Matt Skates has been a fixture on the Fort Worth music scene for years. He plays bass currently in seven local bands: Ginny Mac, Katsük, Shuttle, 57 Sauce, End of the World Parade, Skin and Bones Drum Cult, and Panther City Bandits. Before that, he played at various times for Confusatron, Sleeplab, Electric Mountain Rotten Apple Gang, Pablo and the Hemphill 7, and Caffeine Chemistry. So you could say Skates has played a lot of shows and made lots of contacts. There’s probably no one more in touch with the local scene. So when Skates says something has to be done to keep the scene from slipping back into late-’90s-esque doldrums, you’d better believe him.

Skates recently started the Fort Worth Music Co-op, an informal group that, like a traditional booking agency, gets bands for clubs. The difference: Rather than working only with a short list of agency clients, the co-op will book for any legit local musician who expresses interest. Fort Worth artists already onboard include Stella Rose, Shuttle, Katsük, Ginny Mac, Keite Young, Get Well, Rabbit’s Got the Gun, Great American Novel, My Wooden Leg, Soulever Lift, The Clean-Up, Blow Up the Moon, Trailer Park Princess, Stefan Pigmore, DJ Phil Ford+Feel, and Terry Gallagher.

music_1Get Well guitarist Jason Pollard sees a lot of benefit from dealing with the co-op. “I’m hoping to build connections and help to really build up Fort Worth music,” he said. “If Get Well gets a few shows out of it and gets exposed to other people who might not have seen us otherwise, that’s a huge, awesome bonus.”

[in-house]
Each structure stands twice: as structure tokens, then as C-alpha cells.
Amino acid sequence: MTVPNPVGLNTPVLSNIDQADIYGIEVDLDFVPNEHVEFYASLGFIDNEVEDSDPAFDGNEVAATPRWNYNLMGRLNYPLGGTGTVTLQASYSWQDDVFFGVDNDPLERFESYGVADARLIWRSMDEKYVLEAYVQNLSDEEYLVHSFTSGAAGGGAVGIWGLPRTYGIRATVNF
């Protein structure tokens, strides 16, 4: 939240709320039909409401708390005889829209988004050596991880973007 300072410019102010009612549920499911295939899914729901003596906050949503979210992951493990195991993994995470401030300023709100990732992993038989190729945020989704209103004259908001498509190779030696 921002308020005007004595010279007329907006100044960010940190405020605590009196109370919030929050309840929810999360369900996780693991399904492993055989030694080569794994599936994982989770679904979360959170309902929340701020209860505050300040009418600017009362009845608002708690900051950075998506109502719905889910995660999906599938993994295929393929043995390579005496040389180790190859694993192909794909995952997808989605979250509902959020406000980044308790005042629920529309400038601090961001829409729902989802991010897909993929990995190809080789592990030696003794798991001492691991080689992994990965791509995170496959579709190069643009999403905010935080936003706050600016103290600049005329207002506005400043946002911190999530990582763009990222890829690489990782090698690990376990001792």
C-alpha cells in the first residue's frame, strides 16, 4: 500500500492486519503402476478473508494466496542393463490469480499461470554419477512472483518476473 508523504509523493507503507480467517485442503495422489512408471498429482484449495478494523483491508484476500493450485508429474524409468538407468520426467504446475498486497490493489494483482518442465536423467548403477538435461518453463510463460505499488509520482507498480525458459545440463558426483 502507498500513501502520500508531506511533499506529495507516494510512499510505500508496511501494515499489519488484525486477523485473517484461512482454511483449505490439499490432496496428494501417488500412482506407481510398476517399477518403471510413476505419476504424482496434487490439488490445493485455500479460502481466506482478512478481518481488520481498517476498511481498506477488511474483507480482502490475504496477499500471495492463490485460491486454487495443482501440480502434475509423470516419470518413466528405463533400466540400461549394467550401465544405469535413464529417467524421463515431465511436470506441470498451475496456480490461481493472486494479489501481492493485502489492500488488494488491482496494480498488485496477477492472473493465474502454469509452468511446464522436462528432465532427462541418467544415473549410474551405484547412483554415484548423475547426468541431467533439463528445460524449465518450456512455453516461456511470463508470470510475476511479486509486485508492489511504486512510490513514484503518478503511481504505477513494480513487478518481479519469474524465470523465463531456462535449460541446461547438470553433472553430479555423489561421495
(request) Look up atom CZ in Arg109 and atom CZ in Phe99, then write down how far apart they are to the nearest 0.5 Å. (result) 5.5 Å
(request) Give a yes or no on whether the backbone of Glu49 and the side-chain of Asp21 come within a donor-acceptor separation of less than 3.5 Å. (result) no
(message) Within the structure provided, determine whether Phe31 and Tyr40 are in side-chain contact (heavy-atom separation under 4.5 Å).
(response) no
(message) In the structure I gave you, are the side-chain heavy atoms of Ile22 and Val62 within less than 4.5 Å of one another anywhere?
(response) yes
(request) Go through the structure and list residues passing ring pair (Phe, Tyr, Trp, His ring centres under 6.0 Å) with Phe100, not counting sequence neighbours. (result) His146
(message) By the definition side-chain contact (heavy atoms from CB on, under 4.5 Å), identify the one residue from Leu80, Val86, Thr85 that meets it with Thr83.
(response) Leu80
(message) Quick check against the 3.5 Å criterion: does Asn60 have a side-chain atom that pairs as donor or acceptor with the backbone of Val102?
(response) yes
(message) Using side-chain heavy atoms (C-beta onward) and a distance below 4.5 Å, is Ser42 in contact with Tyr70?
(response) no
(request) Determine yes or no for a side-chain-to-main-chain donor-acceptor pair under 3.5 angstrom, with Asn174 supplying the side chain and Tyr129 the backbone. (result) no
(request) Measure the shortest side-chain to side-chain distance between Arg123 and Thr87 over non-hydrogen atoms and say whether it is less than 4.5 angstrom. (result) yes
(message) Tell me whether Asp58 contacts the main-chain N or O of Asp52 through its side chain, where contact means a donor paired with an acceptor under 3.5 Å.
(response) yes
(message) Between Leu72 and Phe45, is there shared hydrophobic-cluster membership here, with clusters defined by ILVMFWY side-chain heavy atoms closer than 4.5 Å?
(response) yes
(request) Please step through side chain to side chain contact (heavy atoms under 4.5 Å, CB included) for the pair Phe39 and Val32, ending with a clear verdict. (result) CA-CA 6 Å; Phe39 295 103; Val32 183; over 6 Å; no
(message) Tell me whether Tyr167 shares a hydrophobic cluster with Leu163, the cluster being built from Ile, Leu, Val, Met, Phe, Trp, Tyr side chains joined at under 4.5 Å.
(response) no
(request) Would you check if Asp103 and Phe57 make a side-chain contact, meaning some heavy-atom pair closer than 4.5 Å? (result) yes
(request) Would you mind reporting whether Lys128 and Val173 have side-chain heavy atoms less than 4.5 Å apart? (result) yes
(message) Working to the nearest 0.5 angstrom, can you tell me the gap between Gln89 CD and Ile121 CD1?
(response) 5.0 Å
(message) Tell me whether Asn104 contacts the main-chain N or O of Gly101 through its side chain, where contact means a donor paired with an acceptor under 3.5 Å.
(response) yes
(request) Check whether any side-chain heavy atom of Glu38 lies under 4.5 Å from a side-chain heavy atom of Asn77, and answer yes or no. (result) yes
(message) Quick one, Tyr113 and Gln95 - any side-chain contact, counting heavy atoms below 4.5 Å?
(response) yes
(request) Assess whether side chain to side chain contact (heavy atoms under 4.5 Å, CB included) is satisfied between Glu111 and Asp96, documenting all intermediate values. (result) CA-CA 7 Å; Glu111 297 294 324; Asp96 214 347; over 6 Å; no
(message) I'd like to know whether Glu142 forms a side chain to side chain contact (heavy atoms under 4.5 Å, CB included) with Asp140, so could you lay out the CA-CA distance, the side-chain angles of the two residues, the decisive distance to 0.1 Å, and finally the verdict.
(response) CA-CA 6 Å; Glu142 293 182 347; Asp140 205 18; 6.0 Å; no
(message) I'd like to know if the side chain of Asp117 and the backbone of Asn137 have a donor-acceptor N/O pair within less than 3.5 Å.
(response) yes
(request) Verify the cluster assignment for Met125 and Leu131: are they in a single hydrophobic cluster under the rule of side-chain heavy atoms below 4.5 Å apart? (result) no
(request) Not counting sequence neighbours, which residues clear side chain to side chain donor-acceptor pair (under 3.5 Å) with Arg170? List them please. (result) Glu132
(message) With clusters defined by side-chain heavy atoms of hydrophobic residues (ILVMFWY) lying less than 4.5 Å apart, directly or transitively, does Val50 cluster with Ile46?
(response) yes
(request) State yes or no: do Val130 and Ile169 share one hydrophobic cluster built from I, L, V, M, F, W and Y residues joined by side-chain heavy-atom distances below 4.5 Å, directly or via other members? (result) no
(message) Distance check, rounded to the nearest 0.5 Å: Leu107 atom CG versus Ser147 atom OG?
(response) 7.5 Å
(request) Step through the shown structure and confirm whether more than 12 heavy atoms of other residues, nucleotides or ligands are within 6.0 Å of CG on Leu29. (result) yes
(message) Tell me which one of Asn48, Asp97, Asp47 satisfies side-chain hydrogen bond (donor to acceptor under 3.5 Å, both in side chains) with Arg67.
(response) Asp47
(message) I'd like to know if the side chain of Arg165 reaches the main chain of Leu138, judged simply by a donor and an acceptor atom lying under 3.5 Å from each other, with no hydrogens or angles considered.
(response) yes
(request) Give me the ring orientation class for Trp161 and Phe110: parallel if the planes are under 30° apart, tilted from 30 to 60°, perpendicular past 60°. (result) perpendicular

As the name suggests, member musicians run the agency cooperatively, and there are no membership fees. Right now, Skates chairs the monthly open meetings, but he hopes that other members will eventually pitch in to run the sessions on a rotating basis.

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The bass player said he got the idea about a year ago while trying to book gigs for Shuttle. “I had a lot of acts that I was playing with, and there was really no problem getting money and playing gigs,” he said. “Then it seemed that things shifted, and I had to beg people to get gigs. I tried to dismiss it for a while. … I thought it was just my bands. But I started polling other bands, and I realized that a lot of people felt the same way. It seemed like there was a really ineffective booking system. Nobody was connected.”

A friend suggested that he start a union, but Skates said he felt too “jaded” to put forth the effort. “But I started thinking about how I could put something together,” he said. “Once I got the idea, I couldn’t not go through with it.”

Skates started calling clubs, asking owners to set aside at least one open date on their calendars for a co-op member band. Thirteen clubs agreed, and the co-op filled every date.

Some club owners were a little hesitant. Skates jokingly described their response: “Sure thing, hippie. Check back with me in a couple of months, and we’ll see where you’re at.” However, Lola’s Saloon-Sixth, The Grotto, and Froggy’s all jumped at the chance. The Moon and The Cellar, both by TCU, have also expressed interest.

Skates hopes that in the near future his direction will not be necessary and that the co-op will become self-governing. From the beginning, he’s been delegating responsibilities to members. “I’ve let a lot of other people do the work,” he said. “I put out there that we needed a [meeting] space, and we got a space. We needed a web site, and [members] are working on that.”

Interested artists can check out Fort Worth Music Co-op’s Facebook page or e-mail Skates directly at